The spotlight is all on possible clues relating to rates in 2024.
Given that nothing surprising will happen in this last meeting of the year, the prospect of a falling cost of money next year is the real issue of answers.
With the region teetering on the brink of recession, prudence will probably dominate Lagarde's words, as she is unlikely – according to analysts – to anticipate future moves on interest rates.
read also ECB rates will fall to 2.5% in 2024.
Market forecasts ECB economic forecasts: what to expect on GDP and inflation Eurozone inflation is decreasing, but the economy could end the year in a slight recession.
In this uncertain context, the new projections on GDP and consumer prices will be a guide to understanding the economic destiny of the Eurozone in the next two years.
Inflation fell to 2.4% in November, below expectations for the third consecutive month, with the headline index excluding food and energy prices also falling sharply to 3.6%.
In September, the ECB had worsened its estimates compared to the previous ones, with these forecasts: GDP in 2023 at 0.7%, in 2024 at 1.0%, in 2025 at 1.5% and inflation at 5.6 % in 2023, 3.2% in 2024 and 2.1% in 2025.
Bloomberg analysts expect growth and inflation to be revised downwards for this year and next and left unchanged for 2025.
In 2026 Consumer price increases are believed to reach the ECB's 2% target.
Nomura economist Andrzej Szczepaniak expects the new outlook to show inflation slowing to below 2% sooner than currently expected, meaning officials will be unable to be aggressive.
According to Reuters, consumer price projections will also improve.
Analysts largely expect the ECB to reduce its growth and inflation projections for next year from September estimates, reinforcing the need to ease hawkish guidance.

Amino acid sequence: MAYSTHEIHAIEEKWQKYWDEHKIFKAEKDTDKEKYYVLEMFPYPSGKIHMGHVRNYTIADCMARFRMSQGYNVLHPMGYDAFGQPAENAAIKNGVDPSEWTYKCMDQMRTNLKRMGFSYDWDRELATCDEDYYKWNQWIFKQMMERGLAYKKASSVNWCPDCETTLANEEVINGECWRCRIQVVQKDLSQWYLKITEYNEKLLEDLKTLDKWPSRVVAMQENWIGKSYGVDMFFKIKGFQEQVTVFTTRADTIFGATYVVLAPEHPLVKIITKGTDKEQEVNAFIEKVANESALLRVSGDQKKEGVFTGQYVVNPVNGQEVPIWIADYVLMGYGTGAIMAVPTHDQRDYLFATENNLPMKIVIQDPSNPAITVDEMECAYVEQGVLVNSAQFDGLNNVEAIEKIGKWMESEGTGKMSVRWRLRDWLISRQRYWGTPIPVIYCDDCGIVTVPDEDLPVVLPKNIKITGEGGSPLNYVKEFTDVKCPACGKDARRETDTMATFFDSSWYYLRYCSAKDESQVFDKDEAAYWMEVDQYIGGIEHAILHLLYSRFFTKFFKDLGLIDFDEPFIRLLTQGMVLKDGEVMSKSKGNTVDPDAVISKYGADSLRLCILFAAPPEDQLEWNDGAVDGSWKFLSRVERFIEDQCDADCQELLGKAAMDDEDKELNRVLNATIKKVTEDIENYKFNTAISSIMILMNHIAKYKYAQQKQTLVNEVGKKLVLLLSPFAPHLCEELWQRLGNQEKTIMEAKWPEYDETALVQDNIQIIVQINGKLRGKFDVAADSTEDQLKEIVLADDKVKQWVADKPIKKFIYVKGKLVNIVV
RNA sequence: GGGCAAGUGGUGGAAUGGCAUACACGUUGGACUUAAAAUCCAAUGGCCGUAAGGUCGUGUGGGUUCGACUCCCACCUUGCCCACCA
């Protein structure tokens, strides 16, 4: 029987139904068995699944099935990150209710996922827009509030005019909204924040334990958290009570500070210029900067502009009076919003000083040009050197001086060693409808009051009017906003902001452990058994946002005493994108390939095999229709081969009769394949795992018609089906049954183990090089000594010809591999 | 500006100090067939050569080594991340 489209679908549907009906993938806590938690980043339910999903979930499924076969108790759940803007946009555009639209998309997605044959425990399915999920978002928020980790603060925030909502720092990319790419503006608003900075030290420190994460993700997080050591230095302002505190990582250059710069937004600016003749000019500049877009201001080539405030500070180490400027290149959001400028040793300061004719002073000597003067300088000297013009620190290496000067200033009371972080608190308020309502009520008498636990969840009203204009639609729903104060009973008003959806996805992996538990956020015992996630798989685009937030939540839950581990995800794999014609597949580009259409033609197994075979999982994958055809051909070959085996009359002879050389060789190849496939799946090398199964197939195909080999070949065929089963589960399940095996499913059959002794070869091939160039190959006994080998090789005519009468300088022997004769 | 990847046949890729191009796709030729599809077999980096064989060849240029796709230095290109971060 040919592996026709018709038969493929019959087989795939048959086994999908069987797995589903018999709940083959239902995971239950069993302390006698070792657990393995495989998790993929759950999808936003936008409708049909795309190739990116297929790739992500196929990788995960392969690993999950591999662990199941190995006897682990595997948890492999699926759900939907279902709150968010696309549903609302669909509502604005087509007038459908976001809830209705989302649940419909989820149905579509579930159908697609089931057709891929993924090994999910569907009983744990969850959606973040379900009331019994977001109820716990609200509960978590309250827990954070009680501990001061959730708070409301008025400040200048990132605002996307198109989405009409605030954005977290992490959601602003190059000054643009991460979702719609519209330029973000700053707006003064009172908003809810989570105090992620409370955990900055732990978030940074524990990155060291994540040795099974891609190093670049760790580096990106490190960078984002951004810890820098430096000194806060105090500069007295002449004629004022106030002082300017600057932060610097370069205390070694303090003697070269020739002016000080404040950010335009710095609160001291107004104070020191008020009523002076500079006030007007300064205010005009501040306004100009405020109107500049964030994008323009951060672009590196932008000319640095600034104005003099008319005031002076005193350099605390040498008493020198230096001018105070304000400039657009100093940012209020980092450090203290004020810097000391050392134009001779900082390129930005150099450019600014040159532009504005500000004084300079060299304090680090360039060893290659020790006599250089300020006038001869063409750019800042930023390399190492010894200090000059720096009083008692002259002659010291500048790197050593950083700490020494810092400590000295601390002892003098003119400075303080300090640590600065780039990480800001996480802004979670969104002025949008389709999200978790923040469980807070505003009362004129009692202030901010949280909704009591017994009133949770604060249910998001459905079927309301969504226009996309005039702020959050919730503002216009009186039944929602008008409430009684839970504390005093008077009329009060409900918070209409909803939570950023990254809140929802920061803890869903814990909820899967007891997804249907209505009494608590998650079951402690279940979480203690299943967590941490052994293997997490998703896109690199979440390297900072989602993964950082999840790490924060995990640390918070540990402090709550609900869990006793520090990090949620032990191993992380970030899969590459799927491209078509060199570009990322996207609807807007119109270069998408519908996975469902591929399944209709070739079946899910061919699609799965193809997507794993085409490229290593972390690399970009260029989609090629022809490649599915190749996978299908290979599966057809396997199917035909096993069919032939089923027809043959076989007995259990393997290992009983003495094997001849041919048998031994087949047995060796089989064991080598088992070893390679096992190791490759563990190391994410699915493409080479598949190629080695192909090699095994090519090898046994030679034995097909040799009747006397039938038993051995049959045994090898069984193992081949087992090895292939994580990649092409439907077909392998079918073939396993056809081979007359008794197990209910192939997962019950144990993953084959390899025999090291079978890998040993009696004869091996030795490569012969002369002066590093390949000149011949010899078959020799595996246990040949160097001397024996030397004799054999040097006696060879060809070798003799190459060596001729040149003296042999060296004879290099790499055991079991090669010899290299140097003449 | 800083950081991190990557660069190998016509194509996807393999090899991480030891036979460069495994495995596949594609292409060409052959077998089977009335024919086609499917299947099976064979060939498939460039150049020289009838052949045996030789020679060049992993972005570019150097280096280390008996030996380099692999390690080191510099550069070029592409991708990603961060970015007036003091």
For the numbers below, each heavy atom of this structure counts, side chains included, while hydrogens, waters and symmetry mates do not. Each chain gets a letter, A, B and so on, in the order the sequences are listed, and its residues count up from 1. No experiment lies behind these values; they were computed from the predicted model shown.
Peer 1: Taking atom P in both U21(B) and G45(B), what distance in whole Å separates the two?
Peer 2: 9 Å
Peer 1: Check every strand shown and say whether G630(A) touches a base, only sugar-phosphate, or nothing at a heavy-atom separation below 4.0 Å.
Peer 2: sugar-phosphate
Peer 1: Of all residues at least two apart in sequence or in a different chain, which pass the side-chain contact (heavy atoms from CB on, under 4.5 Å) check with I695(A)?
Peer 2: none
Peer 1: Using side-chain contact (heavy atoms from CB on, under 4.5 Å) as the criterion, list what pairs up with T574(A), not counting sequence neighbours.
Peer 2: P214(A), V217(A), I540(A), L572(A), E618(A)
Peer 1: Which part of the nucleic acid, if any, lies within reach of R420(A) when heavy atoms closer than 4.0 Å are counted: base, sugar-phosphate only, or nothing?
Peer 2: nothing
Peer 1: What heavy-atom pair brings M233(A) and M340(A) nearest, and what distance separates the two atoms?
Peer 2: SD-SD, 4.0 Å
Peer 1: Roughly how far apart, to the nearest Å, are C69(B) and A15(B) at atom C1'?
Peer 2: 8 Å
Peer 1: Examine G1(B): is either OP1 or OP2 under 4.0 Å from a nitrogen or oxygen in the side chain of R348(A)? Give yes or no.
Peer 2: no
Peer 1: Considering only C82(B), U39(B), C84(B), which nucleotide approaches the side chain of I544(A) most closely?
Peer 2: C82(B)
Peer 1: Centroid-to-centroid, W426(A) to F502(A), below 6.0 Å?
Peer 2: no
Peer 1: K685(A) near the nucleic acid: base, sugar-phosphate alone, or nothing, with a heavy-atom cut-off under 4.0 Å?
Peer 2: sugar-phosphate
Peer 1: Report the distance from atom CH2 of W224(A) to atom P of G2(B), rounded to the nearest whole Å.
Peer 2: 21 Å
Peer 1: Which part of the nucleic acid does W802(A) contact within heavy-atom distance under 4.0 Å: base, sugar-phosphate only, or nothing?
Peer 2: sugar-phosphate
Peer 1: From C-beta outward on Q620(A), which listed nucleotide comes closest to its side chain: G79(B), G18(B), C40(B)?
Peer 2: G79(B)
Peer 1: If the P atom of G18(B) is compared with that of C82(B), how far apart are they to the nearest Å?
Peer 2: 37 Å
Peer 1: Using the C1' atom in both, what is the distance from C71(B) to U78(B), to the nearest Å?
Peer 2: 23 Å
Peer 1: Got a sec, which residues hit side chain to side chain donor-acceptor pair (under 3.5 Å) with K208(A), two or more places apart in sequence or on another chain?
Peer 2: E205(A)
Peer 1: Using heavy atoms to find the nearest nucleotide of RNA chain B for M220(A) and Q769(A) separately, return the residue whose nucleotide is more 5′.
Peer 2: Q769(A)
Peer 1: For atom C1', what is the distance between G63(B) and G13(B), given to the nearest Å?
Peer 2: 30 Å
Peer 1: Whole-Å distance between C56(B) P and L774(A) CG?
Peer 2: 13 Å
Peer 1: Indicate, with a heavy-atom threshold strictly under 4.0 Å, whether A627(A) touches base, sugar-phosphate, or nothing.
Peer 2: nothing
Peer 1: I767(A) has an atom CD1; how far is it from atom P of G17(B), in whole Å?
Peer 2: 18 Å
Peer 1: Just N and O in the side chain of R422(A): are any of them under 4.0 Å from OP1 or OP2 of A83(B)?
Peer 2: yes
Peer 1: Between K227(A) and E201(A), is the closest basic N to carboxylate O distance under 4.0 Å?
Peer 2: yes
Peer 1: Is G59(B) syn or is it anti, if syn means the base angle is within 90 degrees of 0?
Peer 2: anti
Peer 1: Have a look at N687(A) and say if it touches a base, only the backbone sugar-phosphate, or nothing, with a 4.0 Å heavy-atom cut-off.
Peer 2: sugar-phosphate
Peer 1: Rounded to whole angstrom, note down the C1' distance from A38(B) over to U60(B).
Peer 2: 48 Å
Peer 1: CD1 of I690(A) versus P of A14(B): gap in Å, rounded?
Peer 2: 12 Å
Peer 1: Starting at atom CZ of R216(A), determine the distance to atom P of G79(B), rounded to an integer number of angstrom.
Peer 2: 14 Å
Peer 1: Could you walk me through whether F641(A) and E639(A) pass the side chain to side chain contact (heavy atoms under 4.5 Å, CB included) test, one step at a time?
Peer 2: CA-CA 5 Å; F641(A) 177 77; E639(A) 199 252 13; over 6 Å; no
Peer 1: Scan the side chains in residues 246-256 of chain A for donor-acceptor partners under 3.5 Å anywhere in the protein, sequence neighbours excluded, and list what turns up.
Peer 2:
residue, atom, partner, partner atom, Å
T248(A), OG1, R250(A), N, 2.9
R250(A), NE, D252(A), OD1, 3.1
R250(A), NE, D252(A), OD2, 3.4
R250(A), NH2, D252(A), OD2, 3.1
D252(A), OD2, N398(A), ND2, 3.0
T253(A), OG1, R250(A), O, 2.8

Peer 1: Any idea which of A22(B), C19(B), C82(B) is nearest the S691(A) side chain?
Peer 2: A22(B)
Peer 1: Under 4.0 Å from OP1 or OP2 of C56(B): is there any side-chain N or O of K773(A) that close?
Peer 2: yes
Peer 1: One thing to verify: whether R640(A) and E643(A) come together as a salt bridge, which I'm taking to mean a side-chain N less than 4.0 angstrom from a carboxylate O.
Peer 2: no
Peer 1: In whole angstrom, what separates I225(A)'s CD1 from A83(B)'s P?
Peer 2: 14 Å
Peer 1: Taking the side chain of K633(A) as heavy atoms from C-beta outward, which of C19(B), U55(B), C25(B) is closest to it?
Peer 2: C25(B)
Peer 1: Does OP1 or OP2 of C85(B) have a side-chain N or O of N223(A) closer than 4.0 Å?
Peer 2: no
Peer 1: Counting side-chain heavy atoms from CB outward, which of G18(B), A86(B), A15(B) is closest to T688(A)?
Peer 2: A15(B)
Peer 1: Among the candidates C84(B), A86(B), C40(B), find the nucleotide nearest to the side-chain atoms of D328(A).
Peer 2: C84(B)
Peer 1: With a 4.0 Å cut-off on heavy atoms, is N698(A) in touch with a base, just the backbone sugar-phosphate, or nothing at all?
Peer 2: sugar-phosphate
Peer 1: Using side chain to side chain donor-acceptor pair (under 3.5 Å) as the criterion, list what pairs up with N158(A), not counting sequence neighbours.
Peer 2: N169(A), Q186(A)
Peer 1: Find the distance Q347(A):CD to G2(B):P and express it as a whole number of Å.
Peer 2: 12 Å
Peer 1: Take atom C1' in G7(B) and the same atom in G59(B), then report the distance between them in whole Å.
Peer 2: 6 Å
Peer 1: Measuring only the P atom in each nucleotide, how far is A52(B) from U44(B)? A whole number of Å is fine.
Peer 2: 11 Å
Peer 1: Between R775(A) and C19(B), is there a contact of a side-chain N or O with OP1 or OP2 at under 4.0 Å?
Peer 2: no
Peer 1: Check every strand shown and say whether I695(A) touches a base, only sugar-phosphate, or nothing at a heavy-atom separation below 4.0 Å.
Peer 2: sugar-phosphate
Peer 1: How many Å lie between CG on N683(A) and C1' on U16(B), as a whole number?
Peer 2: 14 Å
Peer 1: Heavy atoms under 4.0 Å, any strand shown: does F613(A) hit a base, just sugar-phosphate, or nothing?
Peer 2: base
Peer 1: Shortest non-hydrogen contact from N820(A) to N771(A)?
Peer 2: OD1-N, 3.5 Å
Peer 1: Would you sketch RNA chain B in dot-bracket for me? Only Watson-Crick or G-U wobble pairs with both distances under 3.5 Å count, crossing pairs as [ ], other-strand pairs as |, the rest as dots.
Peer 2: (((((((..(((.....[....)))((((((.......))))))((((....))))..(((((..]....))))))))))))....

An interesting note is that for the first time the economic estimates will include 2026.
Is the ECB ready to close the PEPP? Lagarde recently said that the ECB would soon discuss ending reinvestments under its €1.7 trillion Pandemic Emergency Purchase Program (PEPP) before the current deadline of the end of 2024.
As such, the December meeting could surprise with new announcements on budget reduction (and on a strengthening of Quantitative Tightening).
Economists including Jari Stehn of Goldman Sachs, Mariano Cena of Barclays and Anatoli Annenkov of Société Générale are among those who predict an acceleration of the ECB's exit from the PEPP, similar to how it kicked off so-called quantitative tightening by canceling its program APP.
It could then be announced on December 14 that reinvestments of redeemed maturing bonds will be reduced starting at the end of the first quarter, with more details on the exit process announced when officials meet in January.
According to a Bloomberg forecast, the ECB would roll over only about half of the proceeds from maturing bonds until June, before stopping reinvestments altogether from July, six months earlier than currently expected.
Such a program would ensure that one of the most important features of the PEPP – flexible reinvestments that allow the ECB to relieve stress in some parts of the eurozone bond market – remains in place during the typical early-year rush by governments to issue debt.
It should be highlighted that the reduction and end of the Central Bank's debt purchases translate into the need for states that issue bonds on the market to find new buyers.
read also The ECB has really finished raising rates, here's why The ECB 2023 The European Central Bank raised the cost of money in 6 meetings out of the 8 scheduled during 2023 (the eighth meeting is in December, not yet held ).
The aggressive monetary policy that began in July 2022 saw a pause in the October meeting, when Lagarde hinted that a high enough threshold in interest rates had probably been reached, so much so that they could be kept steady – potentially for longer – to combat the 'inflation.
With two increases of 50 basis points and four of 25 basis points, the ECB is preparing to close 2023 with a financing cost at a record level of 4.5%.
This year's largely aggressive policy follows what has happened since the summer of 2022.
From July last year to September 2023 there were 10 rate hikes, with a 450 basis point increase.